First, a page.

I could write an essay on how beautiful and mesmerising the world of Manifold Garden is, but I’ll try to keep it under 3,000 words… The visuals are very simplistic in nature, with texture-less assets being used, similar to The Falcolneer. However, the colours and shading used upon these flat surfaces make the entire game come alive, it’s an orgasm for your eyes. Each of the six orientations has its own colour assigned to it, not only for the cubes but as a subtle glow under your invisible feet to show which gravitational force you’re currently utilising. The entire game looks and feels like you’re within a painting, a piece of modern art that is awaiting the colourful explosions you unleash as you complete a stage.
However, this isn’t the most interesting thing about this strange new world…
In Manifold Garden, the world is infinite. I don’t mean that the developer has created a massive universe with new puzzles and discoveries around every corner – no, I mean the world is literally infinite. If you jump off a building to see what lies below, you’ll notice something strange, you’ll see the same structures repeat over and over. If you land on them and investigate, you’ll realise that the game isn’t repeating a similar environment, you’re literally falling down and coming out at the top of the same area, resulting in an infinite drop. This is used as a means to cross gaps and reach new areas as you can’t die, you simply fall and manoeuvre yourself so you land on the other side of the same area. It’s awesome.
The use of this unique and fun mechanic is imperative to solving puzzles and progressing. The game also has areas where a single structure will be replicated not only above and below in this physics-defying environment, but also to the left, right, and above in a diamond-like gravitational set up, requiring you to shift the gravity so you can explore all four versions. These, unlike the infinite drops, are usually filled with their own puzzles and rooms, they just have the same outside visuals to match the beautiful symmetrical layout of the game.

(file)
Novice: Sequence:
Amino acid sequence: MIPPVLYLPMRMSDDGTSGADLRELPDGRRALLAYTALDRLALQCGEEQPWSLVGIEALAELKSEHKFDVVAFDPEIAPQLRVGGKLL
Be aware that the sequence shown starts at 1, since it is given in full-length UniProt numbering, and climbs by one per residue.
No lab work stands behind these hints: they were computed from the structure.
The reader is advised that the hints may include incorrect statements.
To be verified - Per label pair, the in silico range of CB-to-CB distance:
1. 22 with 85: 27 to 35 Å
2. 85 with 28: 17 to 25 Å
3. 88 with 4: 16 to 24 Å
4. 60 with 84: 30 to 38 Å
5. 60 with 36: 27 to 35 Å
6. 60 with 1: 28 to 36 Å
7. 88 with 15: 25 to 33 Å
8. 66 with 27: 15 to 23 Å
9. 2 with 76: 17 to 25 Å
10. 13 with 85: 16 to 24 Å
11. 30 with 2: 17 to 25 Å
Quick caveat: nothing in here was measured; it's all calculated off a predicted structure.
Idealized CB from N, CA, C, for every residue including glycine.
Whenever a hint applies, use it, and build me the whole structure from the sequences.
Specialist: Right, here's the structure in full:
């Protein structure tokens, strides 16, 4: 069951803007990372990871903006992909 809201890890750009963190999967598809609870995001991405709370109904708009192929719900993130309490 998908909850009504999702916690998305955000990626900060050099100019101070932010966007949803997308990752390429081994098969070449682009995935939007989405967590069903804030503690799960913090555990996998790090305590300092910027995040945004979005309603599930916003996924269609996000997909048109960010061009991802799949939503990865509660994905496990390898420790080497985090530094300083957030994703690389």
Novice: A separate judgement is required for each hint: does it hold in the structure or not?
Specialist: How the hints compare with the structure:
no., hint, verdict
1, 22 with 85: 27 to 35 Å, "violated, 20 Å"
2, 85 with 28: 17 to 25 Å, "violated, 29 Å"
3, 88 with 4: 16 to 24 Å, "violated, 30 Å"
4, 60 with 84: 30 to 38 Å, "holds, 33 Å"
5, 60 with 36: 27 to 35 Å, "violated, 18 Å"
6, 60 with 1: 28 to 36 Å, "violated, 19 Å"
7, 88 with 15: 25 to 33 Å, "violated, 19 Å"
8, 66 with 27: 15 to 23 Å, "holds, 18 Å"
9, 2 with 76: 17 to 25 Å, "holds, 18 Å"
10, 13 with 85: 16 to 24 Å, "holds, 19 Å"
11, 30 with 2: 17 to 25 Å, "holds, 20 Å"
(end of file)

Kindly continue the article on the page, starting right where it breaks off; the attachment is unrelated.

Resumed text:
If I had a say, in terms of video games releasing these days, I’d demand all games had a photo mode of some kind – it allows people to capture the game at its best and proudly show them off to everyone on social media (as long as Sony doesn’t think you’re swearing…). Some games have a basic set of options, some have a nice robust variety of settings, and Manifold Garden has something I’ve never seen before – a random photo mode. The mode itself has a bunch of different settings such as different filters, the ability to view in first-person or as a blueprint-like side-on view, the colour of the lines and background, and other aspects you don’t usually see in the mode.
But, the biggest flex of the mode within this game is the R2 ‘random’ option. Simply find a view that looks nice and hit Options, go into the photo mode and disable the UI. Now, each time you push R2 it instantly randomises all of the photo mode settings – as we see in games with a character creation mode – allowing you to casually browse an infinite number of images that are all based on the same view, yet every one of them looks very different from one another. I’ve posted a few images above, they are all the same scene yet the settings have been randomised by pushing R2.
One of the settings you can manually change allows you to zoom out and see the replicated buildings above, below, and to the side of the one you were standing on. It’s mind-boggling to think that they’re not actually there, as it’s simply one structure that is replicated infinitely in all directions. It’s crazy how smooth and seamless the world is.
I mentioned above that Manifold Garden isn’t simply an increased framerate and/or resolution version of the PS4 game. Let’s see why…
First of all, yes, the game does have an increased resolution, now hitting a native 2160p (4K) at 60fps on the PS5. I haven’t noticed any drops or issues, not even when I’m falling and looking at the buildings as I go. I believe the PS4 version may have been 1080p (even on the Pro), but I’m not sure, I do know that the framerate was 60 on all platforms other than the Switch, which is 30fps. But, there are a few new features that a lot of games haven’t fully embraced yet.
Haptic Feedback – there’s no Adaptive Trigger support, but the game fully supports haptics (not just a rumble). As you open the doors, you’ll feel the gritty stone rub against the doorway as they open, providing a deeper impact the closer you are to the doorway as it lifts. You really do feel every cube you drop, the doorway you open, and impact as you land after a long fall.
Activity Cards – as you play through the game, there is a single Card that updates as you progress. This card tells you what part of the chapter you’re up to and offers a quicker way to start the game from a cold boot. If you ‘resume’ via this method, the game takes around 7-9 seconds to boot, load your save, and get you back into the game. This is one of the few games that skip all title cards automatically and loads without any input from you – some developers haven’t utilised the fact the cards allow for a speedy boot – Manifold Garden does.